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The Untouchables (2004)

Never stop fighting till the fight is done

Directed by:

Brian De Palma

Rating: 8/10

Running Time: 119 minutes

US Certificate: R UK Certificate: 15


With its stellar cast, wonderful 1930s sets and snappy wardrobe, ‘The Untouchables’ is without a doubt one of the better tax evasion-based films you’ll see. Based a little on the 1950s TV series and a little on the novel co-written by the real-life bringer-inner Eliot Ness, it’s the tale of how millionaire Chicago mob-lord Al Capone was finally caught out on a loop-hole. Yup, he was a murderer, an illegal booze smuggler and an all-round bad seed – but, much like a modern-day University student, he was also a dirty stinking tax-dodger.

This lavish period piece from the hit-and-miss Brian De Palma (let’s face it, he’s dropped more than a couple of clangers in his time) pits Kevin Costner’s poker-faced treasury agent Ness against Robert De Niro’s cackling chubster Capone, and in doing so brings us an entertaining and at-times gripping tale that gives us some old fashioned goodies against old fashioned baddies. It really is that simple, but for the most part it’s also extremely effective.

“The Untouchables”, of course, are Ness’ cobbled-together band of crime-fighters, comprising ageing father figure Jim Malone (Sean Connery), police academy sharp-shooter George Stone (Andy Garcia) and bespectacled accountancy nerd Oscar Wallace (Charles Martin Smith). They might not sound like the most intimidating of fellahs, but together their “outsider” status and commitment to the cause make them – for want of a better word – untouchable.

Performance-wise, it’s a bit of a mixed bag. Casting the expressionless Costner in the key role of Ness is perhaps a little surprising, as his vacant handling of the part often belies the supposed hard-bitten determination of his character. Garcia and Smith, meanwhile, are faultless in their own jobs, but really have little to do. De Niro – seen here in the days prior to becoming a cringe-inducing self-parody – plays his part to devastating effect, but he’s only on screen for a combined running time of around 20 minutes.

It comes down, then, to being a Sean Connery film. Connery (who, interestingly enough, doesn’t share any scenes with De Niro) picked up an Oscar for his display and it’s tough to see it as anything other than the best of his career. Indeed, the Malone persona is one he seems to have been trying to recapture ever since (as an example, there are definite shades of the character in his later-to-be-seen stint as Indiana Jones’ dad in ‘The Last Crusade’). David Mamet’s screenplay gives him the best lines by a country mile and, aside from the irksome issue of the continued referral to him as “Irish” despite his blatant Scottish accent, they’re delivered with panache.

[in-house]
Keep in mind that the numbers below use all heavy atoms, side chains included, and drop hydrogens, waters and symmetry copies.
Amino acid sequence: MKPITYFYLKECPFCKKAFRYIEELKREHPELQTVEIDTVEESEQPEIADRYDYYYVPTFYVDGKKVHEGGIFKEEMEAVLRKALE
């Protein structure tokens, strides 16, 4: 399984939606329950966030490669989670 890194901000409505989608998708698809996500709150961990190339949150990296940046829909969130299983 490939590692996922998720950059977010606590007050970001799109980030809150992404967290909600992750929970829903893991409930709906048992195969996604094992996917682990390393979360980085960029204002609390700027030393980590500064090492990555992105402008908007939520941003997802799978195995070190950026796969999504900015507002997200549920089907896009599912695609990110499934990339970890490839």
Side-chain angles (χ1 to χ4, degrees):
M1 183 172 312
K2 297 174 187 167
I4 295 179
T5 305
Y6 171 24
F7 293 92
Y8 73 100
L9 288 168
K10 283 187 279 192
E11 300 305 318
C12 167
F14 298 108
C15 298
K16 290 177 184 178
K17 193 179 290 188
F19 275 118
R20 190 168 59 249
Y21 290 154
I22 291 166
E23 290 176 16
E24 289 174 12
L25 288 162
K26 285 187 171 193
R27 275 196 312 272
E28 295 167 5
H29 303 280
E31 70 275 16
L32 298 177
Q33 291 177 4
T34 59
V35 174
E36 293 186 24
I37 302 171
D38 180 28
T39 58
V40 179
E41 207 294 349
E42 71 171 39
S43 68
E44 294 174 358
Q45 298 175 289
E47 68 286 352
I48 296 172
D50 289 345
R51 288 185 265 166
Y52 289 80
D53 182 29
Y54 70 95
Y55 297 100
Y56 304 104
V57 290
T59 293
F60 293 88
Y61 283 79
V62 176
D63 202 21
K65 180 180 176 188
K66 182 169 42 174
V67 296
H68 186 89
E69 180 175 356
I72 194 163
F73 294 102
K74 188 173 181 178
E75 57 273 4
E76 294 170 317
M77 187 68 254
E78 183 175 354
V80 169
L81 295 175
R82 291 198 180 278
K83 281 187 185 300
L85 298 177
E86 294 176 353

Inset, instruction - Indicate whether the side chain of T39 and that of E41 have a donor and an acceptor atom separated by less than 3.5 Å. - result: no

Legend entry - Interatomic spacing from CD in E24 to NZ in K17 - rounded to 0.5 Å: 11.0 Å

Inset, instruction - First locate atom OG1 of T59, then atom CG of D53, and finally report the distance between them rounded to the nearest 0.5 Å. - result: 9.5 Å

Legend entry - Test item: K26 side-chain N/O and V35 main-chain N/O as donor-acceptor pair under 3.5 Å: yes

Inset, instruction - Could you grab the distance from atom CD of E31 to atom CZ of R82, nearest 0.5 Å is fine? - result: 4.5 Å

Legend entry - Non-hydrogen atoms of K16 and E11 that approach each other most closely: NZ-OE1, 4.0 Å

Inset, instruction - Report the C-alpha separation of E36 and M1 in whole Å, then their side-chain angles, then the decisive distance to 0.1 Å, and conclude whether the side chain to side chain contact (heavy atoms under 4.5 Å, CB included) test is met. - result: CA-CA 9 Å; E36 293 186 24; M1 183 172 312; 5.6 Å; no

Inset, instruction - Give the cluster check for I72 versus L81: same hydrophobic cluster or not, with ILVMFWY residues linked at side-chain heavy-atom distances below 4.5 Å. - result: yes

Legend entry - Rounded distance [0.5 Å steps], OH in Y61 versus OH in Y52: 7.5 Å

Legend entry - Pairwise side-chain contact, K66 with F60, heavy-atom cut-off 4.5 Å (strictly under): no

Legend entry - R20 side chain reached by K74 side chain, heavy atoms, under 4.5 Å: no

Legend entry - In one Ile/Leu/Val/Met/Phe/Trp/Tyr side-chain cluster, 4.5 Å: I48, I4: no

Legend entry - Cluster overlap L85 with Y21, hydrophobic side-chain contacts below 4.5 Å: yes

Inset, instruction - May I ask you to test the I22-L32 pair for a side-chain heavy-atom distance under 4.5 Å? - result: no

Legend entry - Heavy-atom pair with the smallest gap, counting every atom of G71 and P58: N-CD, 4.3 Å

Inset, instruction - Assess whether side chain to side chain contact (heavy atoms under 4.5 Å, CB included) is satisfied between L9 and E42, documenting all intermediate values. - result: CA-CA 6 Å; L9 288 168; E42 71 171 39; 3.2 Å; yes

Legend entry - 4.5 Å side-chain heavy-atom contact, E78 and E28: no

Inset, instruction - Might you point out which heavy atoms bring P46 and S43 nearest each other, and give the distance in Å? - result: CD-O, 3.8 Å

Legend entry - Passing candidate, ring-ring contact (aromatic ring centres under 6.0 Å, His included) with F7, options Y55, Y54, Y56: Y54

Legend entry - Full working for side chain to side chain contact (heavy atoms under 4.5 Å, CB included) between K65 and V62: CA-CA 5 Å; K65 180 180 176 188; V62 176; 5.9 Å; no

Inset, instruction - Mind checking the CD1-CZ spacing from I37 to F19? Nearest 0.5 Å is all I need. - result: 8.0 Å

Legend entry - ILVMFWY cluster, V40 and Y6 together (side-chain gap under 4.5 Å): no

This isn’t a great film, but it is a very good one. De Palma moves the story at pace through a variety of interesting sets and backdrops, and the eventual resolution of the story is interesting to watch. It has its faults – Costner’s a little out of his depth and I found Enrico Morricone’s acclaimed soundtrack to be both intrusive and inappropriate – but it’s an undeniably entertaining way to spend a couple of hours. Highly recommended.

It's Got: A famous train station scene that fans of 1925’s ‘Battleship Potemkim’ will find familiar – but it’s okay to be honest and admit that what it really reminds you of is the start of the third ‘Naked Gun’ movie.

It Needs: To have gotten its self-assessment forms in on time.

DVD Extras Four brand new featurettes (‘The Script, The Cast’, ‘Production Stories’, ‘Re-Inventing the Genre’), one old one, and a trailer. It’s a decent package but, given that this is supposed to be an all-singing all-dancing special edition, it’s nothing special. DVD Extras Rating: 6/10


When it’s portrayed as enjoyably as this, it’s tough to see how tax inspection ever got its bad name.

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